“I was in Alexandria meeting some comrades on Monday of last week. I was followed by plain-clothes police who questioned the café owners about me, saying I was not from there.
Only days later we can sit in the open talking about revolution and socialism, and no one is watching.
People have lived too long under Mubarak and his cronies. He filled his government with business allies and his own family. Corruption runs through it.
The police fought hard to hold onto control. They are despised, especially by young people who experience brutality and torture at their hands.
They have been known to use torture, even on people arrested for the most minor offences. People arrested for pickpocketing have suffered electrocution, sleep deprivation and have been forced to hang by their arms with their hands tied behind their back.
Egyptian blogger Khaled Said was beaten on the head by police until he died. It sparked mass protests, forcing an inquiry.
On Facebook and Twitter a group was set up called, ‘We are all Khaled Said’.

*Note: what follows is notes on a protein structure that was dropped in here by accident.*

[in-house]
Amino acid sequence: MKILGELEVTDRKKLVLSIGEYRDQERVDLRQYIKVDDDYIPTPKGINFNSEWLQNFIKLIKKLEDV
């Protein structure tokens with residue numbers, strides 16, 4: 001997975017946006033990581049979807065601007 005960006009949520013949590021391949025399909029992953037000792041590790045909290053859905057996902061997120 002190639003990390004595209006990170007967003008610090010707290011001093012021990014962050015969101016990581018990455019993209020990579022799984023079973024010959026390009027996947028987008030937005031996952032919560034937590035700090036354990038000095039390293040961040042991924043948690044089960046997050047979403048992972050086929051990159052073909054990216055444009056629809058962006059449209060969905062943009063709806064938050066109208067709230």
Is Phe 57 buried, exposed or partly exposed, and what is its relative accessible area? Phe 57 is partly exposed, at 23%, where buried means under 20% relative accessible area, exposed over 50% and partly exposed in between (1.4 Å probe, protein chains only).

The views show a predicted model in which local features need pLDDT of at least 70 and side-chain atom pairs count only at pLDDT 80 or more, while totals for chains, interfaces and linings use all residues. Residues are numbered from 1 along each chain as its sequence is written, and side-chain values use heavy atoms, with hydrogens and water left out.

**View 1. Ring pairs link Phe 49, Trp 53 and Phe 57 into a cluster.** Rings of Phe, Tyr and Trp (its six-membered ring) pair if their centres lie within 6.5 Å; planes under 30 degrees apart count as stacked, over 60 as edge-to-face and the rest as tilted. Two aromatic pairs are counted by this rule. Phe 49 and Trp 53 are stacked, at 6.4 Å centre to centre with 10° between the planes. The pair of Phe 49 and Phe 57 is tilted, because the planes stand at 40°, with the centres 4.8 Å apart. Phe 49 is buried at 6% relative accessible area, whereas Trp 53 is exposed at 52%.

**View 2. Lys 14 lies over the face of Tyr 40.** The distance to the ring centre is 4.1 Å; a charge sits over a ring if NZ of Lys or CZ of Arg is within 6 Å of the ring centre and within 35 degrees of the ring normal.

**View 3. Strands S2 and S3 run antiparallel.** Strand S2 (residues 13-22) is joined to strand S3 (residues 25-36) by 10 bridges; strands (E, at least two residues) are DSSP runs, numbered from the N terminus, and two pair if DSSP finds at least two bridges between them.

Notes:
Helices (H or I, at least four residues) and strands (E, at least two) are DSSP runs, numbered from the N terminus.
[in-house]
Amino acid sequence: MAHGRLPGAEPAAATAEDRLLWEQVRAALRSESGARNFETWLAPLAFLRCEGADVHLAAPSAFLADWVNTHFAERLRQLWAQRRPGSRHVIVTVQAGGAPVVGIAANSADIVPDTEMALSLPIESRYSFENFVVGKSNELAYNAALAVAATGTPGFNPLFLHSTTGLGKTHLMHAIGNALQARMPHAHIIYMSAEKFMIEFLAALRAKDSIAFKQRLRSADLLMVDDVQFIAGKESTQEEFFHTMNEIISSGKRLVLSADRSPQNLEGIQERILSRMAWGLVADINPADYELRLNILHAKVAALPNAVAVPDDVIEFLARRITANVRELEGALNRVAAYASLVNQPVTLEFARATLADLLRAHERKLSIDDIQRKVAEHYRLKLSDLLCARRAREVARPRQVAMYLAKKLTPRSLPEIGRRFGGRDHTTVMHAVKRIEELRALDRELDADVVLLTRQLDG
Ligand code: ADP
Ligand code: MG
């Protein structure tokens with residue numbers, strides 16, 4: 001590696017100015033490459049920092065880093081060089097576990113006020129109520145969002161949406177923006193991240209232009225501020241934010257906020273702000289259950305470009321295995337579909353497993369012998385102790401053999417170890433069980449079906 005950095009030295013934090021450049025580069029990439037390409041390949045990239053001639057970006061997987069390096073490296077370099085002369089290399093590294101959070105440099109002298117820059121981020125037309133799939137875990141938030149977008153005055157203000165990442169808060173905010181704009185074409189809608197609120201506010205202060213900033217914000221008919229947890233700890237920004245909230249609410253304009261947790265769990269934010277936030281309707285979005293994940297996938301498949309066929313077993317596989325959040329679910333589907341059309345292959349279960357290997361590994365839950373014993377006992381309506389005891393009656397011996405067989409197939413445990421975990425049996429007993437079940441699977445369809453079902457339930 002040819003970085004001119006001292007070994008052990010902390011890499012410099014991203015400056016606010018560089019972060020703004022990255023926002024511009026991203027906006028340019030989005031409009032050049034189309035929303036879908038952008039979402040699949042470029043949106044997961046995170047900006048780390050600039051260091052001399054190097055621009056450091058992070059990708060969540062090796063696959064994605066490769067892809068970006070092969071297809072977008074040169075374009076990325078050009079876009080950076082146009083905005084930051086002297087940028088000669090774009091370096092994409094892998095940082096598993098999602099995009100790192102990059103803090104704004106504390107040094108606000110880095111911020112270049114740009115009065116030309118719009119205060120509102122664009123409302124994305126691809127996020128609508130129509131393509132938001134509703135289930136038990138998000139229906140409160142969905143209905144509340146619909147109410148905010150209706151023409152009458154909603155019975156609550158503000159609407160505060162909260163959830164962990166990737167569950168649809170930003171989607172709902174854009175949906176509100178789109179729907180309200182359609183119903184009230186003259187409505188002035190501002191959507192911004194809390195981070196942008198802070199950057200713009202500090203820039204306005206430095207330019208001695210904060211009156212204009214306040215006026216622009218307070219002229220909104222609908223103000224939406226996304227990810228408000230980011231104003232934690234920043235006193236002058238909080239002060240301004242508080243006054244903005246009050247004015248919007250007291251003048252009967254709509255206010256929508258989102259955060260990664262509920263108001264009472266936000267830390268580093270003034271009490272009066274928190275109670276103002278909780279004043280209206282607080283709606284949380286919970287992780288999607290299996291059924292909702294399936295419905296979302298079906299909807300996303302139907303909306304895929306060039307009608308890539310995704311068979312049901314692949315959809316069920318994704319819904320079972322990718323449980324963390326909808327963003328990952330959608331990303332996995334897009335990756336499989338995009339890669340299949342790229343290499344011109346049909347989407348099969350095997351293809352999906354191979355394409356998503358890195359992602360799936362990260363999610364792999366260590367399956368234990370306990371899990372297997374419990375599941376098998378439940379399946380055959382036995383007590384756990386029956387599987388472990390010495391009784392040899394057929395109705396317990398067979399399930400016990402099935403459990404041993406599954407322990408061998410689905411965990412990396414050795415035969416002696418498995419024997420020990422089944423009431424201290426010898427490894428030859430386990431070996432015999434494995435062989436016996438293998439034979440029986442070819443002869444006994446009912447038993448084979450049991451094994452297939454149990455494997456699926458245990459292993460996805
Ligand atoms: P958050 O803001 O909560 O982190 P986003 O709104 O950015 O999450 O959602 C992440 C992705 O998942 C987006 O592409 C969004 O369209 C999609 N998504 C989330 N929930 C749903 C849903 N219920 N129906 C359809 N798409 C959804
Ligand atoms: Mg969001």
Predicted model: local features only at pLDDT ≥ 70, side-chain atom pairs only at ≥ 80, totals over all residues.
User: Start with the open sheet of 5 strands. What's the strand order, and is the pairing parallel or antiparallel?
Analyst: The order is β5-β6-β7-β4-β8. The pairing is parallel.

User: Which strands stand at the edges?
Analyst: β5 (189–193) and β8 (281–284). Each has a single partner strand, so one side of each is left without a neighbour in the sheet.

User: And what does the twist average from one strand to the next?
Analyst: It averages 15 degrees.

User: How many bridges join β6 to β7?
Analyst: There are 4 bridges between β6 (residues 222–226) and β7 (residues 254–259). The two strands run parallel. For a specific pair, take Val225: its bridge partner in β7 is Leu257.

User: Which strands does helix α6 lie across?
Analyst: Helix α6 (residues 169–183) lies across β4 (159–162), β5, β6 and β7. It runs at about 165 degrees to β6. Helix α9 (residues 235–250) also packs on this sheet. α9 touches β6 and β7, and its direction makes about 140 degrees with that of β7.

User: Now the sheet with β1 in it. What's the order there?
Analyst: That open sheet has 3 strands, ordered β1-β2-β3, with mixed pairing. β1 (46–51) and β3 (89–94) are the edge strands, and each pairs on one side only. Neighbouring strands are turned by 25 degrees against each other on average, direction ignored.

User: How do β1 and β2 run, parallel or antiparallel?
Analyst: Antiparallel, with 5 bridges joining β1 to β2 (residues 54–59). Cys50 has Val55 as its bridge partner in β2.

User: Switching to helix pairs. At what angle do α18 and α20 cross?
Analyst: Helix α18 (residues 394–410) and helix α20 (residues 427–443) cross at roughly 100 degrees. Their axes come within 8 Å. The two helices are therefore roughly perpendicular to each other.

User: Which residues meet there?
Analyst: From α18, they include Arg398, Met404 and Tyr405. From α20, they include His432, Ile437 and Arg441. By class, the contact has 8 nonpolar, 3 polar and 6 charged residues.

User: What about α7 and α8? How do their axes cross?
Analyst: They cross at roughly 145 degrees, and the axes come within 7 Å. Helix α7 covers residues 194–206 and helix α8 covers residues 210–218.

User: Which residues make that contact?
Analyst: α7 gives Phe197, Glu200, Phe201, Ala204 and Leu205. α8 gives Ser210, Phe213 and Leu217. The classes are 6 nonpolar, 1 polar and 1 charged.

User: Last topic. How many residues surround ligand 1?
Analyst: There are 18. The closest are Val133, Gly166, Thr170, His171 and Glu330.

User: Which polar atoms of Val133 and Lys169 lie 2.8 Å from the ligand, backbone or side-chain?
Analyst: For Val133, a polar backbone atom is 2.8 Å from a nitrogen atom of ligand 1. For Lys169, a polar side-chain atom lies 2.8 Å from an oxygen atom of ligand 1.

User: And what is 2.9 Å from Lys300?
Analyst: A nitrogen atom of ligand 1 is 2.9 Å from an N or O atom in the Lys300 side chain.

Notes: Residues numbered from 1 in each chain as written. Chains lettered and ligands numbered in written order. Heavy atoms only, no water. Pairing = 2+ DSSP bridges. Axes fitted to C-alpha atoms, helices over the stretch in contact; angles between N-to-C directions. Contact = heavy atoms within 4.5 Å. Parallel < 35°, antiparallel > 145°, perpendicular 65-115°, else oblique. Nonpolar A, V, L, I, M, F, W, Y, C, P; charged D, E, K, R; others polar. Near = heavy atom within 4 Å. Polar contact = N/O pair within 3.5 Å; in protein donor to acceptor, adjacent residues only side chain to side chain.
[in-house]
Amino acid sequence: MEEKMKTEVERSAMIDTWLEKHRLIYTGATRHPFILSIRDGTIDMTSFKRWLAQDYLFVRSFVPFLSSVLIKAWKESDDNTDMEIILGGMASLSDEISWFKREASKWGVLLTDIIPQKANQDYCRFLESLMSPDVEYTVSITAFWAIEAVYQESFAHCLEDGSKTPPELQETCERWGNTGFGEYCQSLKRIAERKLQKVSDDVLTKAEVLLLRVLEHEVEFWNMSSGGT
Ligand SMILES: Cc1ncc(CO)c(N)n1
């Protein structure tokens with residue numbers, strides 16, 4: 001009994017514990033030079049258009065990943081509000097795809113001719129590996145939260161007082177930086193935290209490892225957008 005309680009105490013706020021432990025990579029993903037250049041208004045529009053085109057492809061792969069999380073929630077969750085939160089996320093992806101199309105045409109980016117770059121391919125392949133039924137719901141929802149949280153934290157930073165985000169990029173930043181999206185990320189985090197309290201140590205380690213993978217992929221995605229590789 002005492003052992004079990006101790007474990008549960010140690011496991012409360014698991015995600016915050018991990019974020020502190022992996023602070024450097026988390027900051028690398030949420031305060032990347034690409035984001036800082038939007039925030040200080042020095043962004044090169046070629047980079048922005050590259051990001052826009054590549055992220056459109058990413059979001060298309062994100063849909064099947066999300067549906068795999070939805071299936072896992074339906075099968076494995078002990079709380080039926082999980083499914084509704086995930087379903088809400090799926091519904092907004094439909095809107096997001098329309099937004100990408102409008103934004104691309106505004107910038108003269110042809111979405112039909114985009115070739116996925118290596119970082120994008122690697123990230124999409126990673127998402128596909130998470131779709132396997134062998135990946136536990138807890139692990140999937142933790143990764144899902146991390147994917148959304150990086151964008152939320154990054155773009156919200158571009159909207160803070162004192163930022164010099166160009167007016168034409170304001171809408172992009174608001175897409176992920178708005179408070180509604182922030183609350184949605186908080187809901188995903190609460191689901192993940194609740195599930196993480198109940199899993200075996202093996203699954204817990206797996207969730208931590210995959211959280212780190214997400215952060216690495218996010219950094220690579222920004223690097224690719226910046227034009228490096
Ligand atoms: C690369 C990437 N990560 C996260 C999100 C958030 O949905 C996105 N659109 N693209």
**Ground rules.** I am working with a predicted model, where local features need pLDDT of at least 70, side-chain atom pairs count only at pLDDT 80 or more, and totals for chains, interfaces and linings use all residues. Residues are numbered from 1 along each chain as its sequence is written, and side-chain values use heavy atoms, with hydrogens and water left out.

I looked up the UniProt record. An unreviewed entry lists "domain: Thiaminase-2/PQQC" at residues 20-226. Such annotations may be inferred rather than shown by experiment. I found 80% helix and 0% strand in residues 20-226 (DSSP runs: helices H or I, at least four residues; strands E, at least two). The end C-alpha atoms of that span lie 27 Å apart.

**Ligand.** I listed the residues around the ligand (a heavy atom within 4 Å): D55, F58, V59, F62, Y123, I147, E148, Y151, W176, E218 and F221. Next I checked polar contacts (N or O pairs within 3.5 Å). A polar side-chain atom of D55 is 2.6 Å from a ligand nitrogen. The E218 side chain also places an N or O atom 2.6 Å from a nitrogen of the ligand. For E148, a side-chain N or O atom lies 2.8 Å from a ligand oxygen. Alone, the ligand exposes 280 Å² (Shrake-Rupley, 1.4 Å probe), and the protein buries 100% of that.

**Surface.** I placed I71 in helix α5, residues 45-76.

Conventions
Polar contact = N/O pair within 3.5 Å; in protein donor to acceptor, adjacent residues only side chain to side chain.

It was these groups of young people that came together with others to call the action on 25 January. We, as revolutionary socialists, supported it.
So we are seeing an uprising that is rooted in the economic struggles of recent years and the political radicalisation of young people—around half the population is under 20.
This movement has no one leadership. We put in new leaflets every day with our message: we have to go from demonstrations to strikes—no compromises.
However the struggle unfolds over the coming weeks, it will be impossible for the regime to put us back in a box. We are changed forever.
What’s happened here can happen anywhere. Egypt is the dominant country in the region and has the weight to lead the way.”
An important new book
Activists say why they're marching
Palestinian activist speaks of his experience